According to ZDNet, old is the new new, at least if you're Blackberry trying to reclaim its place in the smartphone market. Blackberry's latest model, The Classic, will hit the shelves in 2015, and the device is banking on its security features to be a real selling point for government and enterprise sectors.
Here are the smartphone's specs:
- Physical QWERTY keyboard and trackpad.
- 60 percent more screen space (with a touchscreen).
- 50 percent longer battery life.
- 1.5 GHz processor and 2GB RAM.
- 16 GB of space.
- Default encryption for email and web browsing.
If you're like most people who aren't tech junkies, those specs probably mean little to you. But what may pique your interest is the fact that Blackberry's latest may be the most secure device on the market, thanks to its default encryption settings. Let's explore why that matters if you use your smartphone to help you conduct your small business's affairs.
You've Got 99 Data Breach Exposures, and Your Smartphone Is One
Blackberry's decision to go back-to-basics with its latest model is the result of a growing concern about cyber security. It's still anyone's bet to see if the gamble will pay off for the struggling phone maker. But in light of the many data breaches that peppered 2014, data privacy should be at the top of most companies' minds and priorities in 2015.
Consider just how much information you transfer and submit via your business's smartphone. You probably…
- Store your client contact information in your phone's address book.
- Check and send business email regularly on your device.
- Check and manage your business's financial information through online banking apps.
- Connect to your business's wireless network via your device.
- Allow your employees to use their mobile devices at work and connect to your business's secure network.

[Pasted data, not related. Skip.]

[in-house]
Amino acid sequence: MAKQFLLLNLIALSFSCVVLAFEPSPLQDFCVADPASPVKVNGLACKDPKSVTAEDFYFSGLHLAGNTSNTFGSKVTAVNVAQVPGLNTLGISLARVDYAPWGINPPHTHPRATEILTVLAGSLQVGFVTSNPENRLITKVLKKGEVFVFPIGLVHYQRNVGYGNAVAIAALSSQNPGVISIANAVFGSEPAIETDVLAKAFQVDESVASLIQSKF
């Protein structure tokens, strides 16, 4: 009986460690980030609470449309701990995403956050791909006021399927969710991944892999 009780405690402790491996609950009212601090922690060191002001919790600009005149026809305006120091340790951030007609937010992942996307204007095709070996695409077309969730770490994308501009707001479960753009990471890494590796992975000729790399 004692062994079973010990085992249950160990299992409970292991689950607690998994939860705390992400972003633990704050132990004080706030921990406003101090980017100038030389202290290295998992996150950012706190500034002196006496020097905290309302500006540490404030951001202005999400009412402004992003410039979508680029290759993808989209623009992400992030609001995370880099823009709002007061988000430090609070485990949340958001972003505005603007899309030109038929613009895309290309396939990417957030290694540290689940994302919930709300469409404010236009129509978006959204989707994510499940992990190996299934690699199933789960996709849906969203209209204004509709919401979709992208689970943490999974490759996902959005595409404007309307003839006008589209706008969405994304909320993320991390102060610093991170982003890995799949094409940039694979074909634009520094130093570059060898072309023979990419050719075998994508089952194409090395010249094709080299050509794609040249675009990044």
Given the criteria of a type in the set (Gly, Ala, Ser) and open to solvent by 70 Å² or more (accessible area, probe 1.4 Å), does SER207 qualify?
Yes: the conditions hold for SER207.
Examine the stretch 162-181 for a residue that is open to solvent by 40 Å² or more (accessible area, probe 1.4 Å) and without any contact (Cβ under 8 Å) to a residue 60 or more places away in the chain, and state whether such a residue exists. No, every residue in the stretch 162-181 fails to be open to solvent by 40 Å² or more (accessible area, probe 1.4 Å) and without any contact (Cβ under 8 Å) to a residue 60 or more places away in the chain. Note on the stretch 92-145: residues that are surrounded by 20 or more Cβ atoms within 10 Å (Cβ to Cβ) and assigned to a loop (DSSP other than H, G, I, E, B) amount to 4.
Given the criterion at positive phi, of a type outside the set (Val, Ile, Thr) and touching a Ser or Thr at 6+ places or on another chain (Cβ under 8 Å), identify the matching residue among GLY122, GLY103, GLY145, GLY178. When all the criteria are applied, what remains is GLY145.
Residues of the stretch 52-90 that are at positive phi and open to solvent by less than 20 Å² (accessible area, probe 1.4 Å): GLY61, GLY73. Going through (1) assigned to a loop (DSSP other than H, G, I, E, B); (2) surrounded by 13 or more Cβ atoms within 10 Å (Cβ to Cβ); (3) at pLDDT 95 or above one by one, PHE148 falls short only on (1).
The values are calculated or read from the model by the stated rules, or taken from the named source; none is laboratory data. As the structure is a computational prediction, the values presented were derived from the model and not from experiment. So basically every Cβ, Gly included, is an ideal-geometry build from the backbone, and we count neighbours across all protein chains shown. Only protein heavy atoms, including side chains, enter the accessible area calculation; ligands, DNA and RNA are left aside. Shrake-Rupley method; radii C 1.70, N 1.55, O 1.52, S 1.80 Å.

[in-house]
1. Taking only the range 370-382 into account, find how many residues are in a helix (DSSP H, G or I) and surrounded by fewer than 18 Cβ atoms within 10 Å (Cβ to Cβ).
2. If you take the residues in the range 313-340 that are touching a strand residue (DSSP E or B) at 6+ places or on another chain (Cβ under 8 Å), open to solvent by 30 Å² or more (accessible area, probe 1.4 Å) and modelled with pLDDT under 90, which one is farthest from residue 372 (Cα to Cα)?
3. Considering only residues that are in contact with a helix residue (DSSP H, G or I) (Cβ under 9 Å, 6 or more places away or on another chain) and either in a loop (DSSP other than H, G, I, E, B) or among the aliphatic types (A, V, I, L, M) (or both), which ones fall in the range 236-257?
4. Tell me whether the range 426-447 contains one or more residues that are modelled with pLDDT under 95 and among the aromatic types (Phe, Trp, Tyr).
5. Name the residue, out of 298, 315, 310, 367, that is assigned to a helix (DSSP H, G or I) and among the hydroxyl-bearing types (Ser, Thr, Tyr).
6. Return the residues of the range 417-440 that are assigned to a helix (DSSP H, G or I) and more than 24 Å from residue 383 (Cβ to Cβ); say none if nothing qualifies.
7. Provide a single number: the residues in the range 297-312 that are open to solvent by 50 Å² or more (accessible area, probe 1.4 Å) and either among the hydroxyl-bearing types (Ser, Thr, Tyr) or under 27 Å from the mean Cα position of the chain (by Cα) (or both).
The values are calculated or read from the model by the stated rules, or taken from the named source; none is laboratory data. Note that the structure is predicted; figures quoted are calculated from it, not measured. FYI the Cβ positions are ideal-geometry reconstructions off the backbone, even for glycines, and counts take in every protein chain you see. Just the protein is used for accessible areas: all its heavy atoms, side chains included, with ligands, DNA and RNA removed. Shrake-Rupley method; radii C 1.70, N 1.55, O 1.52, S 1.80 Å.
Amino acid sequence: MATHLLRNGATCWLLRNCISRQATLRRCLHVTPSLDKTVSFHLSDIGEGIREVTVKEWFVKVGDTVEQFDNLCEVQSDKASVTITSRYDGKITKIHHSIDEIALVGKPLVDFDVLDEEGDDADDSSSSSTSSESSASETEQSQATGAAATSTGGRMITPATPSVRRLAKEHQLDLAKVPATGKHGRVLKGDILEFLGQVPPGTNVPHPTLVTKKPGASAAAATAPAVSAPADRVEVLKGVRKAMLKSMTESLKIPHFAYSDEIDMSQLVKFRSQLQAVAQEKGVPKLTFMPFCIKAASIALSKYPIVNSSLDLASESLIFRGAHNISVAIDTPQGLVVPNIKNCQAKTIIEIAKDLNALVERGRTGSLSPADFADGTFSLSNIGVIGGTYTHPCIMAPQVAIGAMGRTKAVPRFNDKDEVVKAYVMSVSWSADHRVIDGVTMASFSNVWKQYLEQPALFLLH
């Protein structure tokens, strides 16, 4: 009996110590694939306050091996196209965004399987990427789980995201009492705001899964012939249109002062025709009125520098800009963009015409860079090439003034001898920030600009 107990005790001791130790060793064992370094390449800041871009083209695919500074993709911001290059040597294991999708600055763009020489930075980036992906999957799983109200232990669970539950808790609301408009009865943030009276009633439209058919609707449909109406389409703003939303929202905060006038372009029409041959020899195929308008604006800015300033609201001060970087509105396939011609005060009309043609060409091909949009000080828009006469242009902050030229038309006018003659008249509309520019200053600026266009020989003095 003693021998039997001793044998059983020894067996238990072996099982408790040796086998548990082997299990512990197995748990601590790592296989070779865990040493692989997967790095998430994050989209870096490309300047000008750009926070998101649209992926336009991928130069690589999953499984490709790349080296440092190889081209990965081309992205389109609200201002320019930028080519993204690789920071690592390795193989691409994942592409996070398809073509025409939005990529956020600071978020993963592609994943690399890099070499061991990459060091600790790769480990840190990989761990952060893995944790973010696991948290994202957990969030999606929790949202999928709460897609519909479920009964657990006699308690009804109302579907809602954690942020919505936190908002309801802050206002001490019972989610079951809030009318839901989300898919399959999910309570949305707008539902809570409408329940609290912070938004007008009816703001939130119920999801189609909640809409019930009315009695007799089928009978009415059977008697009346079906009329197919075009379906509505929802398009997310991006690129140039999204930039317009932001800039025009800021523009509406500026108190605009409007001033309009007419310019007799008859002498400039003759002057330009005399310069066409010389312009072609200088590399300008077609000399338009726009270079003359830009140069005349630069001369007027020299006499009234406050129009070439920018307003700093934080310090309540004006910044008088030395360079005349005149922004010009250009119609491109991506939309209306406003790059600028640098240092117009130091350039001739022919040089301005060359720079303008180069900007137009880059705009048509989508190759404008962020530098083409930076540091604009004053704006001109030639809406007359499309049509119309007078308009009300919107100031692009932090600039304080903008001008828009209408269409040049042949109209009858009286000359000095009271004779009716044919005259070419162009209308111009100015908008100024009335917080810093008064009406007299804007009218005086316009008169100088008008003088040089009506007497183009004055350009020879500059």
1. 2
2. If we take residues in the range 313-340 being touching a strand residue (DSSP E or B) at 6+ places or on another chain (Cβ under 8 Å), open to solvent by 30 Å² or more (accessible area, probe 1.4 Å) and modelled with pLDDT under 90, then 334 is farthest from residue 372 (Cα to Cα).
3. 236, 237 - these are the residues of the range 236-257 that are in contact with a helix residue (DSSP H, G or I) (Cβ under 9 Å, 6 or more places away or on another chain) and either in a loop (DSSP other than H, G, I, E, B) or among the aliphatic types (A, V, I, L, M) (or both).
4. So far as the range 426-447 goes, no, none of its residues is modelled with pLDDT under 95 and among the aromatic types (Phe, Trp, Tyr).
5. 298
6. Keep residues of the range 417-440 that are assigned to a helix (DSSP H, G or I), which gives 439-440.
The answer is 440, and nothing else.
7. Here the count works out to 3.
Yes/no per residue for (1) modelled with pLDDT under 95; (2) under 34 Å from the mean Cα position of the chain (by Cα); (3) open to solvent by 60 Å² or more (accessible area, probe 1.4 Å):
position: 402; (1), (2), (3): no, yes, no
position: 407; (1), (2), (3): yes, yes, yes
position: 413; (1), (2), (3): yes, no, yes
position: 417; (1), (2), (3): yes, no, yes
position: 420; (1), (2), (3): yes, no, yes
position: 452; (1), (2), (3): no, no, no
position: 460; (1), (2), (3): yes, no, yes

The list goes on, yet each of these modern conveniences could be a glaring point of weakness if your device is lost, hacked, or falls into opportunistic hands. How likely is that, anyway?
Well, friends, the numbers don't lie:
- 90 percent of all smartphones are vulnerable to malware and malicious app attacks. As we reported in the post, "Running a Business from Your Smartphone? Know How to Stay Safe," cyber security researchers discovered two separate software flaws that compromise roughly 1.8 billion devices worldwide.
- 46 percent of data breaches in 2014 involved a lost or stolen device (e.g., laptops, smartphones, tablets, or USBs), according to Ponemon Institute's 2014 Cost of Data Breach Study. The state of your phone's security is starting to look grim indeed.
- 43 percent of device losses or thefts happen at the office, according to the Verizon 2014 Data Breach Investigations Report.
When you take these stats into account, Blackberry's new Classic might look like a tempting purchase. However, if you're worried about your smartphone's security (and the numbers suggest you should), there are other measures you can take.
Tips for Safeguarding Your Smartphone
- Encrypt your devices. If your smartphone does fall into the wrong hands, the data stored on it will be useless without the encryption key.
- Update your devices regularly. Security patches are released for a reason. The more you delay downloading them, the longer your device is susceptible.
- Know the risks of a BYOD (bring-your-own-device) workplace. If you allow employees to use their devices on your small business's secure network, their malware becomes your malware. Consider implementing policies that limit the types of online activities employees can do on the company network.
- Carry Cyber Liability Insurance. Though this policy can't prevent a data breach from happening, it does offer you the resources to handle the costly aftermath of one. It can help cover the cost of notifying affected parties about the breach, repairing your business's reputation, negotiating with cyber extortionists who hold your data hostage, and more.
You can learn more about the benefits of a Cyber Risk Insurance policy in the articles, "Cyber Liability: The Ultimate Revenge of the Nerds" and "Why Cyber Liability Claims Cost More Than People Think."